It is simply wrong for people to publicly advocate for segregation and unemployment of a group of people because they don’t want a medicine that is fifteen minutes old.
It is simply wrong to whip your children up into a frenzy about something you have only heard about on the mainstream news to the point where they are yelling at strangers less than two meters away.
It is simply wrong to uninvite family members from Christmas because they didn’t take the same medicine you did.
It is simply wrong to close churches—you know, those places you go to when death is near—because you think death is near!
It is simply wrong to close the borders for years on end and completely ruin businesses that rely on tourism.
It is simply wrong to demonize every dissenting opinion in the pursuit of scientific and medical answers. Something about the scientific method requiring dissenting opinions and contrary evidence to buttress claims comes to mind…
I could go on and on.
We have to put these fights aside and declare a pandemic amnesty. We can leave out the willful purveyors of actual misinformation while forgiving the hard calls that people had no choice but to make with imperfect knowledge. Los Angeles County closed its beaches in summer 2020. Ex post facto, this makes no more sense than my family’s masked hiking trips. But we need to learn from our mistakes and then let them go. We need to forgive the attacks, too. Because I thought schools should reopen and argued that kids as a group were not at high risk, I was called a “teacher killer” and a “génocidaire.” It wasn’t pleasant, but feelings were high. And I certainly don’t need to dissect and rehash that time for the rest of my days.
Moving on is crucial now, because the pandemic created many problems that we still need to solve.
On Nov. 3, RealClearPolitics scored Oz’s support at 46.6%, while Fetterman’s post-debate support continues to fall, now to 46.3%; a difference well within the margin of error.
The lead is Oz’s first as he has trailed since the candidates won their respective primary elections in May 2022. Fetterman once held an 8.7-point lead over Oz in Aug., when Oz had just 39% support.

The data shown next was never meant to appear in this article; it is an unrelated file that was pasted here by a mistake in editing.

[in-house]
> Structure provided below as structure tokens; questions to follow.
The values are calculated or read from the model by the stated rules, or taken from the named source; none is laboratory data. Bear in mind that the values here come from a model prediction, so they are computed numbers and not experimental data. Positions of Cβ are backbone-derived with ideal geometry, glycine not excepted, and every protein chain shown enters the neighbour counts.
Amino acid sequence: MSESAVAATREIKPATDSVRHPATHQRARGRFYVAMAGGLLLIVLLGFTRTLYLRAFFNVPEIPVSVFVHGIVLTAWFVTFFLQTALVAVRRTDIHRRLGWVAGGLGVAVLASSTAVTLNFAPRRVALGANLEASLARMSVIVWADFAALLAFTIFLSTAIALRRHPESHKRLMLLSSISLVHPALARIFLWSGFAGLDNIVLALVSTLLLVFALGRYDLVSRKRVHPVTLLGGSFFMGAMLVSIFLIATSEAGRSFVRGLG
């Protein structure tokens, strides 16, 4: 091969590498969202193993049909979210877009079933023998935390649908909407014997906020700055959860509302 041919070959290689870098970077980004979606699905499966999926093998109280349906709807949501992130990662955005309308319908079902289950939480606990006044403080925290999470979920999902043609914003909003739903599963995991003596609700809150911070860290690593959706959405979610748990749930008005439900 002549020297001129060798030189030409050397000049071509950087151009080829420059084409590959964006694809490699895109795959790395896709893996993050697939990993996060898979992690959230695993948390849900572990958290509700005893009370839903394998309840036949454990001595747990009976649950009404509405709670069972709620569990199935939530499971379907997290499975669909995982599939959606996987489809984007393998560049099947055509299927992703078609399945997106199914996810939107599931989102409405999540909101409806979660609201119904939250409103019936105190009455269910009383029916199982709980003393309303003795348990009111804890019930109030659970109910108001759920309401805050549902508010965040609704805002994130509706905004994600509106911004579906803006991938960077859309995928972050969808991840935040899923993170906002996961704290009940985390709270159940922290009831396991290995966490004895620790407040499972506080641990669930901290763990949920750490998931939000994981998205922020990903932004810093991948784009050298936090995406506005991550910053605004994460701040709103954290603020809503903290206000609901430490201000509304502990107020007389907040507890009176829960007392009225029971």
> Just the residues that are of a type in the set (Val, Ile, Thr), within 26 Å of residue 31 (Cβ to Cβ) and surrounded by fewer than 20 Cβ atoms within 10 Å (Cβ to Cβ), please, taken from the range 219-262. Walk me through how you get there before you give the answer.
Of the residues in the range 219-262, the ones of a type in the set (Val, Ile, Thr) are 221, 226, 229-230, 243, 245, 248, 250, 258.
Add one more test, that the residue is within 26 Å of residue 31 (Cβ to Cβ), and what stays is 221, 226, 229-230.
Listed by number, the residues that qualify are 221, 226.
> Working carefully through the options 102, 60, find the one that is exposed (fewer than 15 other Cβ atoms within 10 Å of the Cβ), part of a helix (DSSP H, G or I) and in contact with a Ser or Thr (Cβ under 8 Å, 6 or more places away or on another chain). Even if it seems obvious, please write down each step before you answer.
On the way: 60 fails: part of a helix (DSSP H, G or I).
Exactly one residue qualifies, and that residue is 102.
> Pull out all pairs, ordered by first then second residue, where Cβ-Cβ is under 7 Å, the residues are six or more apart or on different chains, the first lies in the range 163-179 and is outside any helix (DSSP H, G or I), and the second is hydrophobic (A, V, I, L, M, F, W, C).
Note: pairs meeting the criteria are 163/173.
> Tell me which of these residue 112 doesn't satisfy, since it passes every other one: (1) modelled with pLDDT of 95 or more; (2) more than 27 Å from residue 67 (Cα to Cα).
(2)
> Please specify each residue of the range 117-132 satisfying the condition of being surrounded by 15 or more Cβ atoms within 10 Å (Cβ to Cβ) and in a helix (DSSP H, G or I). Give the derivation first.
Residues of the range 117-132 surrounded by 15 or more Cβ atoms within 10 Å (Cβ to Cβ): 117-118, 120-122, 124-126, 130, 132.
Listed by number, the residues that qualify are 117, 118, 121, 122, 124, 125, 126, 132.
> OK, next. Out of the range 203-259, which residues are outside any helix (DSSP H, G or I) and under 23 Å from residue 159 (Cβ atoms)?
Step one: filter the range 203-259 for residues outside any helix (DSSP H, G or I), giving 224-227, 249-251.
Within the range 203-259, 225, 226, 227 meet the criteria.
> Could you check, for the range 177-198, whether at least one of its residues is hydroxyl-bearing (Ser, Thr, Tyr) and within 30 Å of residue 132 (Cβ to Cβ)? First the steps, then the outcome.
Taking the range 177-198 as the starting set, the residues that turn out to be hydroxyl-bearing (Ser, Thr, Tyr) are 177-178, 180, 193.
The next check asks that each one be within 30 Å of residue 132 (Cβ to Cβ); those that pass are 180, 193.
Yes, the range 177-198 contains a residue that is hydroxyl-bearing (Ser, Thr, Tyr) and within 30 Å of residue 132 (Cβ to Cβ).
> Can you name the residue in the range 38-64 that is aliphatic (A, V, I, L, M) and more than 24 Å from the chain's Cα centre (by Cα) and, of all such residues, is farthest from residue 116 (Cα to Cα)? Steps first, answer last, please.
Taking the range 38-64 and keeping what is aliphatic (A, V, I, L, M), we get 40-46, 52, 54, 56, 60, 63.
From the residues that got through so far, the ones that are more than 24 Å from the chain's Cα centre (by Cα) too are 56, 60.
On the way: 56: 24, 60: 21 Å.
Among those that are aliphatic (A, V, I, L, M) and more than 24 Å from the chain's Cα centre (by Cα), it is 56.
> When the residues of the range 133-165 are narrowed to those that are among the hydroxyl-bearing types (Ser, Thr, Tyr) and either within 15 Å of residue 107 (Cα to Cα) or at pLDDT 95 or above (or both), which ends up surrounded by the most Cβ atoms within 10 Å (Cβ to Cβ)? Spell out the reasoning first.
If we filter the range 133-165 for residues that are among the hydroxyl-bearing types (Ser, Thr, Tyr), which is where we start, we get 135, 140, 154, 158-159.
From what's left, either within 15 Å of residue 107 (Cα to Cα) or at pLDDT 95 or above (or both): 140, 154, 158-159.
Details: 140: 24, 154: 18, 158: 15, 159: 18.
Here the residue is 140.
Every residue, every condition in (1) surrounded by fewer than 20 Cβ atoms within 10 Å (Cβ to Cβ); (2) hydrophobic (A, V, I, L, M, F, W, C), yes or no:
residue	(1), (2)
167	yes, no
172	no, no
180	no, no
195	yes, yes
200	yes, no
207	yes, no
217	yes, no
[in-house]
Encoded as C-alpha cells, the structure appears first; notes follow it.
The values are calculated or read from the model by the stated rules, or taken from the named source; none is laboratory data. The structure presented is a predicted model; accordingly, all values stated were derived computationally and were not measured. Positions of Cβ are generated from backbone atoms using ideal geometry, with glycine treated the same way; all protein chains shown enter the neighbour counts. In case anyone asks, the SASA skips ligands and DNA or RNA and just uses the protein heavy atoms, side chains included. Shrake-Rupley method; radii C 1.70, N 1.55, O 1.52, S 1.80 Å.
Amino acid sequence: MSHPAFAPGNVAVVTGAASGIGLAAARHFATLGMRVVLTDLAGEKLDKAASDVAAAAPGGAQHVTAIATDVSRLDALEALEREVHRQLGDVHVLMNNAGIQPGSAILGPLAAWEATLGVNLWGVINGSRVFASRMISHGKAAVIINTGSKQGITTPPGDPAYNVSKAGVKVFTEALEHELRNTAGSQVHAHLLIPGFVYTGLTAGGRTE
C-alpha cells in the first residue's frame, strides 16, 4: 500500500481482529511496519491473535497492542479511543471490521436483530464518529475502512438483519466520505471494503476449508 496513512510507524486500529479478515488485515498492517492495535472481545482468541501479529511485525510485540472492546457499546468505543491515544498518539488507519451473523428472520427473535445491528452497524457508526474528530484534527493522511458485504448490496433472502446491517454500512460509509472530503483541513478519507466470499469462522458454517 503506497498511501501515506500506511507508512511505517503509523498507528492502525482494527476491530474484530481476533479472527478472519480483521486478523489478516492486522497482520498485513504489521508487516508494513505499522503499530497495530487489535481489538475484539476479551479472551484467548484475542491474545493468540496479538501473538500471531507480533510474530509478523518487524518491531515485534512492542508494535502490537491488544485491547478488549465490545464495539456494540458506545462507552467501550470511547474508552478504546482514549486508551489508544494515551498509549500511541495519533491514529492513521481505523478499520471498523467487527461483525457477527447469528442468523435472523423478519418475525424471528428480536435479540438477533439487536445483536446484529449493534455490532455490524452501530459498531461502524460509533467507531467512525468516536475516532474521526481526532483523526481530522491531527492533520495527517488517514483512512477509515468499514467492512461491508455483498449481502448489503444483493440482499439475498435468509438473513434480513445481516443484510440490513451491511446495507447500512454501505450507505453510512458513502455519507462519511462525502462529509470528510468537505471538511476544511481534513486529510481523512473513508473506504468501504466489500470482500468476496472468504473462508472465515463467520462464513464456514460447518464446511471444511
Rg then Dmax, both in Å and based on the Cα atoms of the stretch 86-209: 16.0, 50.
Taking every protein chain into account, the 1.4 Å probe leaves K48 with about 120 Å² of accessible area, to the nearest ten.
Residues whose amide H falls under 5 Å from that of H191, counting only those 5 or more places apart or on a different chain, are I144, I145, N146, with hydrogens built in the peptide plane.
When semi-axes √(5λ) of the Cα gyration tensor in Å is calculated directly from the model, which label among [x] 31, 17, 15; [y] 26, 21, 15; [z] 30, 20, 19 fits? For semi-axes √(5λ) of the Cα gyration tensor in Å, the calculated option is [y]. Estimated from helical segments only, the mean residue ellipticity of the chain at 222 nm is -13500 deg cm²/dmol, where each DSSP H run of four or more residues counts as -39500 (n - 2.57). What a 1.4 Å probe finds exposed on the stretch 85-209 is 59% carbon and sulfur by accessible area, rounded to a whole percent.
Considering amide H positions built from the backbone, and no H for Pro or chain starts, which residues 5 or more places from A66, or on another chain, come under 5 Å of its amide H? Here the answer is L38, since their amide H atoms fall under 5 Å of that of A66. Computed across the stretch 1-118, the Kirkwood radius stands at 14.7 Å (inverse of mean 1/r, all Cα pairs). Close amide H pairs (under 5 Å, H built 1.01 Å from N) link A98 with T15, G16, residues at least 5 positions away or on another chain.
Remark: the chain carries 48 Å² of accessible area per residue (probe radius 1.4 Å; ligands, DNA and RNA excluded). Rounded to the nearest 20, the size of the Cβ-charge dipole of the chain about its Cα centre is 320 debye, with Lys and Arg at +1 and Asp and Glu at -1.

For President Joe Biden, who will hold a rare joint appearance with former President Barack Obama in Philadelphia meant to boost the Democratic candidate Lt. Gov. John Fetterman, Pennsylvania will amount to a political stress test in his home state, where he’s traveled 20 times since taking office.
For former President Donald Trump, who rallies outside of Pittsburgh in the city of Latrobe, a win by his hand-selected candidate Dr. Mehmet Oz could prove his own enduring viability in a commonwealth he lost by a narrow margin in 2020.
After Donald Trump told a rally crowd in Sioux City, Iowa, that he is likelier than ever to run for president in 2024, multiple outlets are now reporting that his aides are homing in on 14 November as a date to announce a new campaign.
“In order to make our country successful and safe and glorious, I will very, very, very probably do it again,” Mr Trump told the rally crowd last night. “Get ready, that’s all I’m telling you – very soon. Get ready.”
Why it matters: Trump and his top advisers have been signaling for weeks that a 2024 announcement is imminent. But those discussions have reached the point that allies are blocking off days in their calendars for the week after the midterms — and preparing to travel.
What we’re hearing: With polls pointing toward a good night for Republicans on Tuesday, Trump plans to surf the GOP’s expected post-midterm euphoria to build momentum for his own effort to retake the White House.